Hearing the voice of the master or the leader is natural in parent-child relationship. It is a sign of loyalty. Our dogs and cats hear us more than any other person no matter their disposition, they can be silent to the voice of an outsider but the moment they hear the voice of their owner, they jump up. This kind of reaction is proper to the relationship of a father or mother and child. The same also should be true of our relationship with God. In the light of the gospel, if we reach close relationship with God, we would be able to distinguish His voice from the many voices that are urging us to follow them – parents, teachers, doctors, government, coaches, employers, advertisers and marketers – each trying to influence our values and behaviors with their voices.
Thus says the Lord GOD: ‘woe to you shepherds of Israel who have been feeding yourselves! Should not shepherds feed the sheep? You eat the fat, you clothe yourselves with the wool, you slaughter the fatlings; but you do not feed the sheep. You have not strengthened the weak, you have not healed the sick, you have not bound up the injured, you have not brought back the strayed, you have not sought the lost, but with force and harshness you have ruled them. …..’ (Ezekiel 34:2-6). One may ask; ‘who are these shepherds’? These sayings are addressed to all of us in our individual responsibilities not just religious and political leaders but whichever responsibility entrusted to us in life. Even as a cleaner in an office, this saying today is for you! Have you allowed the flock of responsibility entrusted to you to fumble?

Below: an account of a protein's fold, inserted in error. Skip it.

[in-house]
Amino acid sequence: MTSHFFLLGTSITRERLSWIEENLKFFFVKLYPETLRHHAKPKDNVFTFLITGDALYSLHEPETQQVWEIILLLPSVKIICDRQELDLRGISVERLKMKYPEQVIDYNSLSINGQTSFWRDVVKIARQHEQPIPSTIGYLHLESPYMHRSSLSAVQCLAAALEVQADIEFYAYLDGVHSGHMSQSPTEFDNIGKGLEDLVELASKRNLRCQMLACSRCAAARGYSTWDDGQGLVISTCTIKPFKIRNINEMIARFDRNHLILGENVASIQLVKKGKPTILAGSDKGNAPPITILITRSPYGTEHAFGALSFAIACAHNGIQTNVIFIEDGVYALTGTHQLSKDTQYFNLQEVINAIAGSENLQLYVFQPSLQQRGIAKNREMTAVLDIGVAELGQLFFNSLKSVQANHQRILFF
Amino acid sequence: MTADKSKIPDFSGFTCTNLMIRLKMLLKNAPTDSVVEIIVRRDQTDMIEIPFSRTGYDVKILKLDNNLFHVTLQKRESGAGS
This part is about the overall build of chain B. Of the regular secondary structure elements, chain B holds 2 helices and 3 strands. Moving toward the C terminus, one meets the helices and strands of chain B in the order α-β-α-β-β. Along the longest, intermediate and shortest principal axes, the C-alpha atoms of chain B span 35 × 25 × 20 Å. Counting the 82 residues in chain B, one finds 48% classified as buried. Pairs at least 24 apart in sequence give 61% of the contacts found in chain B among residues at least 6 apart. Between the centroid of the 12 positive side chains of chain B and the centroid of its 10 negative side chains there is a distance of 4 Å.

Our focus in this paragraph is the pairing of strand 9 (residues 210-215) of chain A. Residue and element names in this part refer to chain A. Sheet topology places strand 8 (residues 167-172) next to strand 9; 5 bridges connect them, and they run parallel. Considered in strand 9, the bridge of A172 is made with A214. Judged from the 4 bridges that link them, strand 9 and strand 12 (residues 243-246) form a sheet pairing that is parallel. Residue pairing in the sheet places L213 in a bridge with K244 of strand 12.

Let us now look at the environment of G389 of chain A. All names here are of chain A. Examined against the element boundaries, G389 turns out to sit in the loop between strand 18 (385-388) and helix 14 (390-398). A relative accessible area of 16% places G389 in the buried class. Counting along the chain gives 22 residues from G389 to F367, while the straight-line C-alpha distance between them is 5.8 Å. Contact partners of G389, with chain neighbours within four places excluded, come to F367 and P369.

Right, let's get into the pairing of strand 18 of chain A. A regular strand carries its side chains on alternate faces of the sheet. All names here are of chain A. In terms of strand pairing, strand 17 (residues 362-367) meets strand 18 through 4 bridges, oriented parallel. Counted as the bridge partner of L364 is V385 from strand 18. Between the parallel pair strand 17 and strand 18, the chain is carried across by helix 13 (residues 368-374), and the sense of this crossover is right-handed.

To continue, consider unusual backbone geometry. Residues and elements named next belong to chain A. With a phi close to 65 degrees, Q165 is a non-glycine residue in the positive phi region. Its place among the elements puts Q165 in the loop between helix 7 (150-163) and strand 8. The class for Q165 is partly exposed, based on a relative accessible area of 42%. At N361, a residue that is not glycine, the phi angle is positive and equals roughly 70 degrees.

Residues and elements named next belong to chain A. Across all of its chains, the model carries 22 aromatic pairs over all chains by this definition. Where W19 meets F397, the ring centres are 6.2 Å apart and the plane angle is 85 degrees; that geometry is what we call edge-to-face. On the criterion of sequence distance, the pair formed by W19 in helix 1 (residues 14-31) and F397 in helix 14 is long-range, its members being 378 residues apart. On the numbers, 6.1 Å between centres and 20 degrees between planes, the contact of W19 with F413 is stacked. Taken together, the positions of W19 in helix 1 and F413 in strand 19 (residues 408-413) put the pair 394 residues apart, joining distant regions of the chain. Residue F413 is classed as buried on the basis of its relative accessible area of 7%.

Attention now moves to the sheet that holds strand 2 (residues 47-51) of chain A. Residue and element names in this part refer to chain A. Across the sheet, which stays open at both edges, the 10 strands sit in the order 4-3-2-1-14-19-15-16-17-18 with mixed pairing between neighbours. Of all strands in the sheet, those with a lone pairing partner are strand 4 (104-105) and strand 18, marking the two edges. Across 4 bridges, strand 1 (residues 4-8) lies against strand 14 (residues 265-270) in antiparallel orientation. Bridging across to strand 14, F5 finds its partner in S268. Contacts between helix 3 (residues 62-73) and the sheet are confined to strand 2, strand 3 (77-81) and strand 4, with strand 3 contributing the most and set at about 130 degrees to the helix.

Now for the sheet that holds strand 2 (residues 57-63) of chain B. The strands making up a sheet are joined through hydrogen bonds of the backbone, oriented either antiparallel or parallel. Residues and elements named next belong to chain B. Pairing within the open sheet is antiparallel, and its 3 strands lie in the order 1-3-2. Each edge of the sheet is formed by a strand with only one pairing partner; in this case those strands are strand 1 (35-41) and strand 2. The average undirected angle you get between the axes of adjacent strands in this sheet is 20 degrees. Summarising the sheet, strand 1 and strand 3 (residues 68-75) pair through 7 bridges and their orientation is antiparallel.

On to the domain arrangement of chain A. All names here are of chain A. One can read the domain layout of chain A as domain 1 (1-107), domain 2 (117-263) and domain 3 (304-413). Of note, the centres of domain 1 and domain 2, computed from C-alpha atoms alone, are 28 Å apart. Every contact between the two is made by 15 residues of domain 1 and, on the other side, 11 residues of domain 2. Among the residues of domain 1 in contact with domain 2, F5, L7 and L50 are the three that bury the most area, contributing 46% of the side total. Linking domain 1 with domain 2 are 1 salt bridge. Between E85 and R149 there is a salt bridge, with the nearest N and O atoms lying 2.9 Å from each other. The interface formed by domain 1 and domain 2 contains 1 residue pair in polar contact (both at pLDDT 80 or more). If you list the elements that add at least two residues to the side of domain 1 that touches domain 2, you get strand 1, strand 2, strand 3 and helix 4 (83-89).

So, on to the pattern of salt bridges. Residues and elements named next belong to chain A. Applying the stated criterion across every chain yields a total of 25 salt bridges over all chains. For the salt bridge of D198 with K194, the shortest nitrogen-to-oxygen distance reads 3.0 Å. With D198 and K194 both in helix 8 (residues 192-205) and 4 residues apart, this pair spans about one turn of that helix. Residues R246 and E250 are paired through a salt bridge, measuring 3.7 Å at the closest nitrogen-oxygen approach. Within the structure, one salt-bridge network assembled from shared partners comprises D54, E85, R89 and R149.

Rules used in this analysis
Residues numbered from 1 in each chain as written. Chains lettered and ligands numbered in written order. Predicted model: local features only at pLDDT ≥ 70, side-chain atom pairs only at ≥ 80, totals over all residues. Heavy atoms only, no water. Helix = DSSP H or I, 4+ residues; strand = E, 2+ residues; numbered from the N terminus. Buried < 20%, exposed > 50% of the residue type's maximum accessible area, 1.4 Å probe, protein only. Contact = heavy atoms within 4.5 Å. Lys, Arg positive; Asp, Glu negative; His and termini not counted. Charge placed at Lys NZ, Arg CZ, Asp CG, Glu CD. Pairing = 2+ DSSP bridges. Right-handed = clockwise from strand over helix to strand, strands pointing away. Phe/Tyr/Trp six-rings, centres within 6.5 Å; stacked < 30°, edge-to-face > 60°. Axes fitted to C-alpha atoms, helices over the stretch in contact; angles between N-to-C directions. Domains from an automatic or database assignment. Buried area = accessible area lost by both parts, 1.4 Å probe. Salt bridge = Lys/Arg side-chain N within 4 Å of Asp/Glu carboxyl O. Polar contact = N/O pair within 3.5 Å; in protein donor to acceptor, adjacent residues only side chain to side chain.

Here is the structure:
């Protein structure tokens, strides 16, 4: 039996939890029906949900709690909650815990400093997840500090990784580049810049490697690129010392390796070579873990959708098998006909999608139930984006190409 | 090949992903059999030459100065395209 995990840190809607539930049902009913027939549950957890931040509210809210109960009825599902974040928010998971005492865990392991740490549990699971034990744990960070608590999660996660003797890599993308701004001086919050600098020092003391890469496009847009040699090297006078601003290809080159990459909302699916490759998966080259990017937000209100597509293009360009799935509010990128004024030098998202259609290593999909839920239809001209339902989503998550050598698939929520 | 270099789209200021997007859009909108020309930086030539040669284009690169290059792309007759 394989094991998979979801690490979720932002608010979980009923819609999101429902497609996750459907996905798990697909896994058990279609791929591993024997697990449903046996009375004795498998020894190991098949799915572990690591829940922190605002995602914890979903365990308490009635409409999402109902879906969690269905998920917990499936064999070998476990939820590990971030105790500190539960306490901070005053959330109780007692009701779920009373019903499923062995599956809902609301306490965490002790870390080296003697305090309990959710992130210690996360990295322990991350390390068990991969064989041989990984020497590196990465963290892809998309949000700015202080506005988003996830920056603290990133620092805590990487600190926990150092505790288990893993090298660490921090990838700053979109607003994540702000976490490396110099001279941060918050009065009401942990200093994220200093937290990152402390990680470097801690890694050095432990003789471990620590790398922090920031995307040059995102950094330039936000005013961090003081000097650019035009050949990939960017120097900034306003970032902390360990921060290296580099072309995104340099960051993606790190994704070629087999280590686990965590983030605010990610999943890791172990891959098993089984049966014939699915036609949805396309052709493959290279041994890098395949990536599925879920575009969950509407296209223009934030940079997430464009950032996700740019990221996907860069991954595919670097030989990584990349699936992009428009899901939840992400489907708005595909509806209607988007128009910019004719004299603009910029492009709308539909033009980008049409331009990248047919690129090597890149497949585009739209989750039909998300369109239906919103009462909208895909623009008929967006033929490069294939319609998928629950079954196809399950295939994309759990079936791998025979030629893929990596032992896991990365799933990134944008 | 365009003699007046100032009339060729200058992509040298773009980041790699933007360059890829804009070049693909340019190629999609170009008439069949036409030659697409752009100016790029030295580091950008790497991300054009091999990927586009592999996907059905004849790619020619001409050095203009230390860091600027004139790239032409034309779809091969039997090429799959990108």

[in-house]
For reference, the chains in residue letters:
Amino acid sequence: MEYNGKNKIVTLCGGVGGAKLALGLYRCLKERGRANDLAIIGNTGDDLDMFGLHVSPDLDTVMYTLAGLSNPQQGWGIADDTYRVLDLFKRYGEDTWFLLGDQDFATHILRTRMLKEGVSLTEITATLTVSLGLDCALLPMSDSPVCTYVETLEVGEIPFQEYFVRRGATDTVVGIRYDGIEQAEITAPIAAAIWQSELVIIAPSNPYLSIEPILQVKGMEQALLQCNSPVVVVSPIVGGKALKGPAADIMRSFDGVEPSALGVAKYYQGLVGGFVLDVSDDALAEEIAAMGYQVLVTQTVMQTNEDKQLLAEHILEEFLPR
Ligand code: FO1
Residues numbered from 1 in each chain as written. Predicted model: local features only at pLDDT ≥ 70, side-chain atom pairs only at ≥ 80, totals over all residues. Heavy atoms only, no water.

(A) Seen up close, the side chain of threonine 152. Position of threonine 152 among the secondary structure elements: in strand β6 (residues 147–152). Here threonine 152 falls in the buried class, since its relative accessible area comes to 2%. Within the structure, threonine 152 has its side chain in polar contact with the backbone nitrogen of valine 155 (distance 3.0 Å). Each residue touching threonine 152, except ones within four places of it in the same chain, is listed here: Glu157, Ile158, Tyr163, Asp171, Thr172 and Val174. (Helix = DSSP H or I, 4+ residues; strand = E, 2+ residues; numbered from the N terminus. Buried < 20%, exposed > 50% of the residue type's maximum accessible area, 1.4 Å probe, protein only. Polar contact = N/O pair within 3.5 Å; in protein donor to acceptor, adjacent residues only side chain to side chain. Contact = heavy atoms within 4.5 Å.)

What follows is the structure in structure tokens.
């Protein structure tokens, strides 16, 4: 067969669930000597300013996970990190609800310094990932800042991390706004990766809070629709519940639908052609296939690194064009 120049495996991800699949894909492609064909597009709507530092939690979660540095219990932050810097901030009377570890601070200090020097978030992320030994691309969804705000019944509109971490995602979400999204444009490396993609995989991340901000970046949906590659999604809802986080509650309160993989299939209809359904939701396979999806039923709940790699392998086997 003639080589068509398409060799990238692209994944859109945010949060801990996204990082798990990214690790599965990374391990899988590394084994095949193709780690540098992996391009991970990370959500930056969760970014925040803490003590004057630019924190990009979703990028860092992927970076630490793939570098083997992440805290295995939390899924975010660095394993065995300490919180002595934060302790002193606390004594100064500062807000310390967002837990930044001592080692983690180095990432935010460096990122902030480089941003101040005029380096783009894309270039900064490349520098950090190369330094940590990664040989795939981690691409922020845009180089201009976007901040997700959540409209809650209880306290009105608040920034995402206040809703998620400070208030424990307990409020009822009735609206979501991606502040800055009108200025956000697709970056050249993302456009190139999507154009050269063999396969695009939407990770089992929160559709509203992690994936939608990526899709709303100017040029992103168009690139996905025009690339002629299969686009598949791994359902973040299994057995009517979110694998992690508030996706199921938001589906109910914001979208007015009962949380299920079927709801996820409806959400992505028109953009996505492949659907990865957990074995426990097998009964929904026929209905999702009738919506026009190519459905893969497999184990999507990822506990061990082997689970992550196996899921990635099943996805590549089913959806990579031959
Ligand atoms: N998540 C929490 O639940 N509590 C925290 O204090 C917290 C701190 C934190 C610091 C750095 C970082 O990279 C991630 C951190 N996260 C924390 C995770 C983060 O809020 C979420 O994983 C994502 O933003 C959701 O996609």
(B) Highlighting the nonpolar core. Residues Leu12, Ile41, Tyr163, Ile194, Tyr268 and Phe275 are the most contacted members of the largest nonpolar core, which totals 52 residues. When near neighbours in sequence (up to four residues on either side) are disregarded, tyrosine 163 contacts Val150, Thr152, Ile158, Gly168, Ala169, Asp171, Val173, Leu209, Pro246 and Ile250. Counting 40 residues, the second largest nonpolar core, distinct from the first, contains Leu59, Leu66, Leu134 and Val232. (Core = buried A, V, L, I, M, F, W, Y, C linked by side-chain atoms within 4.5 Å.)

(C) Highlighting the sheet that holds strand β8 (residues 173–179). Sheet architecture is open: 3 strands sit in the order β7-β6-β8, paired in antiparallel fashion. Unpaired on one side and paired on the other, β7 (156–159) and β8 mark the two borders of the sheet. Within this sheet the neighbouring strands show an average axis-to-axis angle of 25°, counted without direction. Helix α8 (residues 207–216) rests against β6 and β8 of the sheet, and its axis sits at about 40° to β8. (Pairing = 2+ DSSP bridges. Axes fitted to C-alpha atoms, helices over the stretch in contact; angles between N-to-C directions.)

Yes, whoever rightly bears the name “shepherd” among men also demands obedience not towards himself but towards Christ, the only true shepherd. He speaks not with his own voice, but only the voice of Christ, the only true shepherd. He does not lead his hearers to himself but to Christ, yes, away from himself and only to Christ. A good shepherd guards his sheep; but still, at the last, every sheep becomes the prey of death. Christ, the Good Shepherd, calls to us: “He that believeth in Me, although he be dead, shall live.” Death, since Christ has redeemed us, is no longer to us what death is to a sheep, namely, destruction. No; through Christ, the Lamb of God, sacrificed for us, we have a right to exclaim: “O death! where is thy sting?”
Let us pray especially for the leaders of the church today that the spirit of the good shepherd may be their light. Let us also pray for the grace to be supportive to the leaders of the church and not destructive in attitudes of carelessness, blackmail, gossip and betrayal.